The Balance Sheet:
That's where the statement of cash flows ends which is where the balance sheet actually starts. Starts with how much cash a company has. And it talks and walks through all of the assets that Medtronic has. Starts with the most liquid assets down to the least. So it walks through from cash to investments, to things like inventories and receivables and it walks through all of its assets. Then it walks through all the liabilities it incurs and takes its assets minus its liabilities, then it ends with equity. Or what shareholders could lay claim to if they sold all the assets of the current value, backs out all the liabilities that they had to pay to those they owed, and how much left over is what shareholders would lay claim to which is what they call shareholders equity. And you can see Medtronic had about 53 billion in shareholders equity or also what they call book value.
Business Acumen and the Five Drivers:
So it goes from P&L to the statement of cash flows to the balance sheet. And it starts with sales, right? Customers right? The external people, you saw that people in that model before, it starts with people, with customers, and sales. It walks through the cost that gives you profit, turns that profit into cash, and that cash they put to work, and how much of all of those assets minus liabilities, their shareholders would lay claim to. So it starts with people, customers. And it ends with shareholders at the very end in total shareholders’ equity. So it starts with people and ends with people. And then what you find is everything that you and I and everybody else does to try to drive value to customers and value to shareholders and everything in between, are the decisions we make to try to drive value to the business. It's driving process improvements and operating efficiencies and innovation and finding ways to operate as efficiently and as effectively as we possibly can to bridge sales to shareholders and how we all operate together, is what drives shareholder value. So these are three financial statements in one slide a corporate finance class in one slide between P&L, statement of cash flows, and balance sheet to drive value for customers to shareholders. And there you go! Quick view of all three financial statements on one slide. Hope you enjoyed this, hopefully, this is helpful for you. Appreciate the time that you took. See ya!"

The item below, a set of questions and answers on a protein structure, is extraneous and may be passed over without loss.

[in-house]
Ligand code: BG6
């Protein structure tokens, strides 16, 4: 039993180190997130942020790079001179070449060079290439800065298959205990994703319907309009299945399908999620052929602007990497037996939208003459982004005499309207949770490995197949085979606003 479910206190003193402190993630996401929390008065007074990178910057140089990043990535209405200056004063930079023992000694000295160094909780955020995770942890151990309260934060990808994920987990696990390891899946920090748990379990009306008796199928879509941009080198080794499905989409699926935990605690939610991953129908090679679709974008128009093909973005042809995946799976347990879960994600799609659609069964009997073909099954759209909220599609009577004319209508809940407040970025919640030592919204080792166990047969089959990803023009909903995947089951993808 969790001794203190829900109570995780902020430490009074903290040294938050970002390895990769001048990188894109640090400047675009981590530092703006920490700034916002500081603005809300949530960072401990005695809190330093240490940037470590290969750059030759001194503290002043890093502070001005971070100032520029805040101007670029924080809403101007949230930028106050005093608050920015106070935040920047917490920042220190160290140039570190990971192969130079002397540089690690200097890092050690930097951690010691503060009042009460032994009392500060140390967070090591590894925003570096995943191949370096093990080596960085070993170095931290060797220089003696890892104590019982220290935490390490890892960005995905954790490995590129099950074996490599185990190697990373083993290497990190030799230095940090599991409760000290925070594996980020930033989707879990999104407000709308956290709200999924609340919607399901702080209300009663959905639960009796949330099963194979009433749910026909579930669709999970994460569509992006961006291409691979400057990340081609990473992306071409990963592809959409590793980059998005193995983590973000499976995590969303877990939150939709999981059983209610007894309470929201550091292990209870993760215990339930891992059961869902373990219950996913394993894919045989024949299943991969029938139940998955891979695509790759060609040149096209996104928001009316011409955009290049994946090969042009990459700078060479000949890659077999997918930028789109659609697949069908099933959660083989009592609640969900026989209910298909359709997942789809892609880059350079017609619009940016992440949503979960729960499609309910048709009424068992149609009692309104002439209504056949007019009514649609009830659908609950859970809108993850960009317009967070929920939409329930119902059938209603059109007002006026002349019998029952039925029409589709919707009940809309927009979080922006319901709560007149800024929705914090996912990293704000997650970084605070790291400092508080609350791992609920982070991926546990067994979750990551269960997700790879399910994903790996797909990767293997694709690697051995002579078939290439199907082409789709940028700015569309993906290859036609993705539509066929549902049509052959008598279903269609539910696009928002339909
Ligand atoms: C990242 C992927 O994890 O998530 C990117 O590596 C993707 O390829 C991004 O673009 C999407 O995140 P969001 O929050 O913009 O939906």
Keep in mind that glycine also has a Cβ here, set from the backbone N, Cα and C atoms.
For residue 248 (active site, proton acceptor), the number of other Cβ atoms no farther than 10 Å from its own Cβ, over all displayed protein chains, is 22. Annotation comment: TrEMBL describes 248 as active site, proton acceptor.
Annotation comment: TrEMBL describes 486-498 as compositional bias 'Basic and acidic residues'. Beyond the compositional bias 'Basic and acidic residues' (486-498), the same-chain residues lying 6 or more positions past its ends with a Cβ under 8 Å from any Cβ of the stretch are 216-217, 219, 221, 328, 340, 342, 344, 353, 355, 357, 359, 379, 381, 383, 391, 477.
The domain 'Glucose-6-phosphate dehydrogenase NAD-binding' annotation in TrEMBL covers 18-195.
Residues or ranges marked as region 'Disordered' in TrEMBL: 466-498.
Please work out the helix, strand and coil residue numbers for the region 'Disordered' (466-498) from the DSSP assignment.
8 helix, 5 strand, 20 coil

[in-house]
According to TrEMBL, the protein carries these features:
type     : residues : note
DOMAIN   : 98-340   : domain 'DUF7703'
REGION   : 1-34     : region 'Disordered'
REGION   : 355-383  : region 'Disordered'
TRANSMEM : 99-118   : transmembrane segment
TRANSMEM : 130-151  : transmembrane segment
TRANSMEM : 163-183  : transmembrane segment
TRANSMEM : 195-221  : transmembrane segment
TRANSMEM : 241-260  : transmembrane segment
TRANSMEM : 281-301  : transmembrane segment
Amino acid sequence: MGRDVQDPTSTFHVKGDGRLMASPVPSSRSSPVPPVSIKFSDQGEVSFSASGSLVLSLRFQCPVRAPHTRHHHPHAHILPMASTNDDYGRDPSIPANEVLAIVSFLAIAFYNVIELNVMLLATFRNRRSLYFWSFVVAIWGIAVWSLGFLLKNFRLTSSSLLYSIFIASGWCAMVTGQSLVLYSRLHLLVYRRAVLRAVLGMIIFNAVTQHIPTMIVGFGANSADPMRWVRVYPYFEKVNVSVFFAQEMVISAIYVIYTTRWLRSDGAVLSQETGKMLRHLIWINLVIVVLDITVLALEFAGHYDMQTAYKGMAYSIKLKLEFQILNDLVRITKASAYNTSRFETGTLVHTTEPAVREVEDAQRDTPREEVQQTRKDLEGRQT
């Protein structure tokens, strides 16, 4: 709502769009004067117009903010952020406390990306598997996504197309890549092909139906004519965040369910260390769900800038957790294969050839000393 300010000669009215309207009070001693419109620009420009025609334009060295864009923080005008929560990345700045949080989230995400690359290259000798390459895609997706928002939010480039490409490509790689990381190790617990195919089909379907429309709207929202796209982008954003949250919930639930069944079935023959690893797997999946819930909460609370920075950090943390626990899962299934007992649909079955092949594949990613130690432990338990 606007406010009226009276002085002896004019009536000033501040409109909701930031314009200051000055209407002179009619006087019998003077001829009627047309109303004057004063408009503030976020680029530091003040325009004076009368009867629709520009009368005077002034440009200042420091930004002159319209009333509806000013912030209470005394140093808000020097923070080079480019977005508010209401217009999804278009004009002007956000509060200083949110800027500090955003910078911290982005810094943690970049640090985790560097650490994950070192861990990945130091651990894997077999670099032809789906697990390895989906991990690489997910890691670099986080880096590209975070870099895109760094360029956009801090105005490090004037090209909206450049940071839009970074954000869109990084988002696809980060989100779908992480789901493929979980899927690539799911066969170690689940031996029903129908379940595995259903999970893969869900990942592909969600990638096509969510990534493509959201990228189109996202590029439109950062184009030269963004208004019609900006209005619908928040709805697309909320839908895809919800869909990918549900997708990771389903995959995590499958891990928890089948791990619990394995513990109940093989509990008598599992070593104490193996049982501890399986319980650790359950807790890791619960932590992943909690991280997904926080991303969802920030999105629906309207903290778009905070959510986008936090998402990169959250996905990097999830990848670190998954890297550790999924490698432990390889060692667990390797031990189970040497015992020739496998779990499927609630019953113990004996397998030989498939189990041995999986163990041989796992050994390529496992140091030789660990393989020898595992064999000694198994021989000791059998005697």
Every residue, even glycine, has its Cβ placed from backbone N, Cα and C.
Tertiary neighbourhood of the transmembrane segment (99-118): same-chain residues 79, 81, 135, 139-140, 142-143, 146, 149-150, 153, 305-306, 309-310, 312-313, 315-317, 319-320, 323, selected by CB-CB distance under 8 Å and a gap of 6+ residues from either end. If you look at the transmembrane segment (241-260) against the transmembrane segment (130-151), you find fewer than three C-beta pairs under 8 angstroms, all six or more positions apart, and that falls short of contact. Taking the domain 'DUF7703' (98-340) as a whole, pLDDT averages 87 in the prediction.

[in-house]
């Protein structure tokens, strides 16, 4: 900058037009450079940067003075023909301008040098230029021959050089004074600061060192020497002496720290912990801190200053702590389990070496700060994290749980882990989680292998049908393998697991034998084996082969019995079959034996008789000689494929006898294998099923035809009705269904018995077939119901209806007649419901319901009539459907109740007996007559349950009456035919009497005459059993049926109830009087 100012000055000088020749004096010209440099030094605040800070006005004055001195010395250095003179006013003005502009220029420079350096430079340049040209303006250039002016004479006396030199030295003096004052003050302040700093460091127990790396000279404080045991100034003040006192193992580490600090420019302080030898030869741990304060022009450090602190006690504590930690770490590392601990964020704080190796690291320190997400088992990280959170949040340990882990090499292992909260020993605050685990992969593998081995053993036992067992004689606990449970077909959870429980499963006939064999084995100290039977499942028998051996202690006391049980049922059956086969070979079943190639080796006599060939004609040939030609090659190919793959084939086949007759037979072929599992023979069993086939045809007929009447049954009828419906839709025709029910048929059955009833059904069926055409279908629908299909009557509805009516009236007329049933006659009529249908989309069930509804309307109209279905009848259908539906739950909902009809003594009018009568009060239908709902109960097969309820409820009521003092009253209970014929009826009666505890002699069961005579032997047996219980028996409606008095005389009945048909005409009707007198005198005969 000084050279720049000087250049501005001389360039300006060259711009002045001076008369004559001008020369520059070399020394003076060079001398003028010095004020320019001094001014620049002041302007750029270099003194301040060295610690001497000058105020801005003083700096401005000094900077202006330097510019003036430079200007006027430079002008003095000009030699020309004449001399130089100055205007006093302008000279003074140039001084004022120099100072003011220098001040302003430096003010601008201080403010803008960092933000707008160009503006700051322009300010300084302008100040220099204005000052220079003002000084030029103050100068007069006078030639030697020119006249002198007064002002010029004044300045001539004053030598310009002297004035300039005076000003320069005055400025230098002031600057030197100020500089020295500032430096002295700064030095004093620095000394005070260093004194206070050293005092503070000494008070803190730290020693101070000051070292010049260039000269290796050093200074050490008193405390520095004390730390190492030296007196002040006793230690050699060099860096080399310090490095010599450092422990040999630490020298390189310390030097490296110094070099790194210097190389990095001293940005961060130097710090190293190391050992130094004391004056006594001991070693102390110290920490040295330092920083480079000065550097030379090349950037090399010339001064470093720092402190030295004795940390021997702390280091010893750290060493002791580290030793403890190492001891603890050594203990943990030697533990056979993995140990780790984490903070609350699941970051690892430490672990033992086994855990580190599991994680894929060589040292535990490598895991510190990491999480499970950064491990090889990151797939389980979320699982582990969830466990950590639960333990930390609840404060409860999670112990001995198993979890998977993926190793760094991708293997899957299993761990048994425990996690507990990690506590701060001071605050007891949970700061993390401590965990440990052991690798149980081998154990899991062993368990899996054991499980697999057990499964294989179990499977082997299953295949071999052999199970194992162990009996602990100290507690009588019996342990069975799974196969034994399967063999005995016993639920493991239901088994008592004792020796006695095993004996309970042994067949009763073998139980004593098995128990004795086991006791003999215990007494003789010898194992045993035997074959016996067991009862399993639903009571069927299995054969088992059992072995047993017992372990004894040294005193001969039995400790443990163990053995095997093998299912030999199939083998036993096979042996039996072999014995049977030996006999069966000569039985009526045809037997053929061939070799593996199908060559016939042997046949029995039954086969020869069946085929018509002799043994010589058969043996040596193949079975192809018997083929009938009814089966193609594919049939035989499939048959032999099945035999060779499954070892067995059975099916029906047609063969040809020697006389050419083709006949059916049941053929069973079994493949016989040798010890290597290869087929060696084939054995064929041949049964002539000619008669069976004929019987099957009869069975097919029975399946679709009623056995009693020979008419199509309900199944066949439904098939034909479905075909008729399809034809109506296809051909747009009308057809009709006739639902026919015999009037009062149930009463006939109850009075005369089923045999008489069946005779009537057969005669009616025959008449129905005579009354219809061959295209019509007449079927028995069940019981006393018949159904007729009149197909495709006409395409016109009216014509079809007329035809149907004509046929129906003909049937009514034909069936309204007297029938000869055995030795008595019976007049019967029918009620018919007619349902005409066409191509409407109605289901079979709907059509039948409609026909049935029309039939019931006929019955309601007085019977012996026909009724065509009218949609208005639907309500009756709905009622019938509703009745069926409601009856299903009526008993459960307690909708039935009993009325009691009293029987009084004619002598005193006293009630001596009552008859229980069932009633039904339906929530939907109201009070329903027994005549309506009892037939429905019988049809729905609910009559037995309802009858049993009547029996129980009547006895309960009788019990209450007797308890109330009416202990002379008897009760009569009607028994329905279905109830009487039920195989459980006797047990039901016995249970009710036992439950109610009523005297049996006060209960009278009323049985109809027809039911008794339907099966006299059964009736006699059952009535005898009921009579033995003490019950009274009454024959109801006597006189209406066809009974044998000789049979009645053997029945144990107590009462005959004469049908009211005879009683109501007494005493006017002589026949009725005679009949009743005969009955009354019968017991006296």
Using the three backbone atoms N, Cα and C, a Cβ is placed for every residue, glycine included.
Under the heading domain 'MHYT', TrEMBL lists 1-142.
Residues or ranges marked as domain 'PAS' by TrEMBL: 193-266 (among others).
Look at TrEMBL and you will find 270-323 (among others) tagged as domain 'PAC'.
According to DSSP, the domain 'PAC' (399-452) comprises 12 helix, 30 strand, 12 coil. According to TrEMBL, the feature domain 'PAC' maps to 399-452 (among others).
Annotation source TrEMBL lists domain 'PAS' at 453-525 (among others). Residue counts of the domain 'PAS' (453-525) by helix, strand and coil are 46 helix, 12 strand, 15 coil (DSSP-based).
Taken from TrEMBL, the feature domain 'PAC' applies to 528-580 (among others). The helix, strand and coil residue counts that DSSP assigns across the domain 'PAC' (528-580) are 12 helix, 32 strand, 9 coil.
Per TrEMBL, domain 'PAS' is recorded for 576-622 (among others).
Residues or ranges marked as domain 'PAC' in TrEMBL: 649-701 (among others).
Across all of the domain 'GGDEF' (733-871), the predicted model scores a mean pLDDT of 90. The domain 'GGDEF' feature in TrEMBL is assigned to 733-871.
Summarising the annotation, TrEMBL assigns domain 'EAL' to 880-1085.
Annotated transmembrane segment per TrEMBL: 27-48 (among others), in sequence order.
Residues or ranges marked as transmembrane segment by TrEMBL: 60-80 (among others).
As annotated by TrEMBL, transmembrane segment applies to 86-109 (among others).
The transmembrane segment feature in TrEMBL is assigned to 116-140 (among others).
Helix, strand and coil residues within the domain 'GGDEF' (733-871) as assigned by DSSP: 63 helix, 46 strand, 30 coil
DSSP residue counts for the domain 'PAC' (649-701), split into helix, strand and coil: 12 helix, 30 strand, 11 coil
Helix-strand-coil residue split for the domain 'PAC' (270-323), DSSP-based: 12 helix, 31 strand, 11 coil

Frequently Used Financial Acronyms
Do you want to brush up on some frequently used financial acronyms? Continue your education and read this article: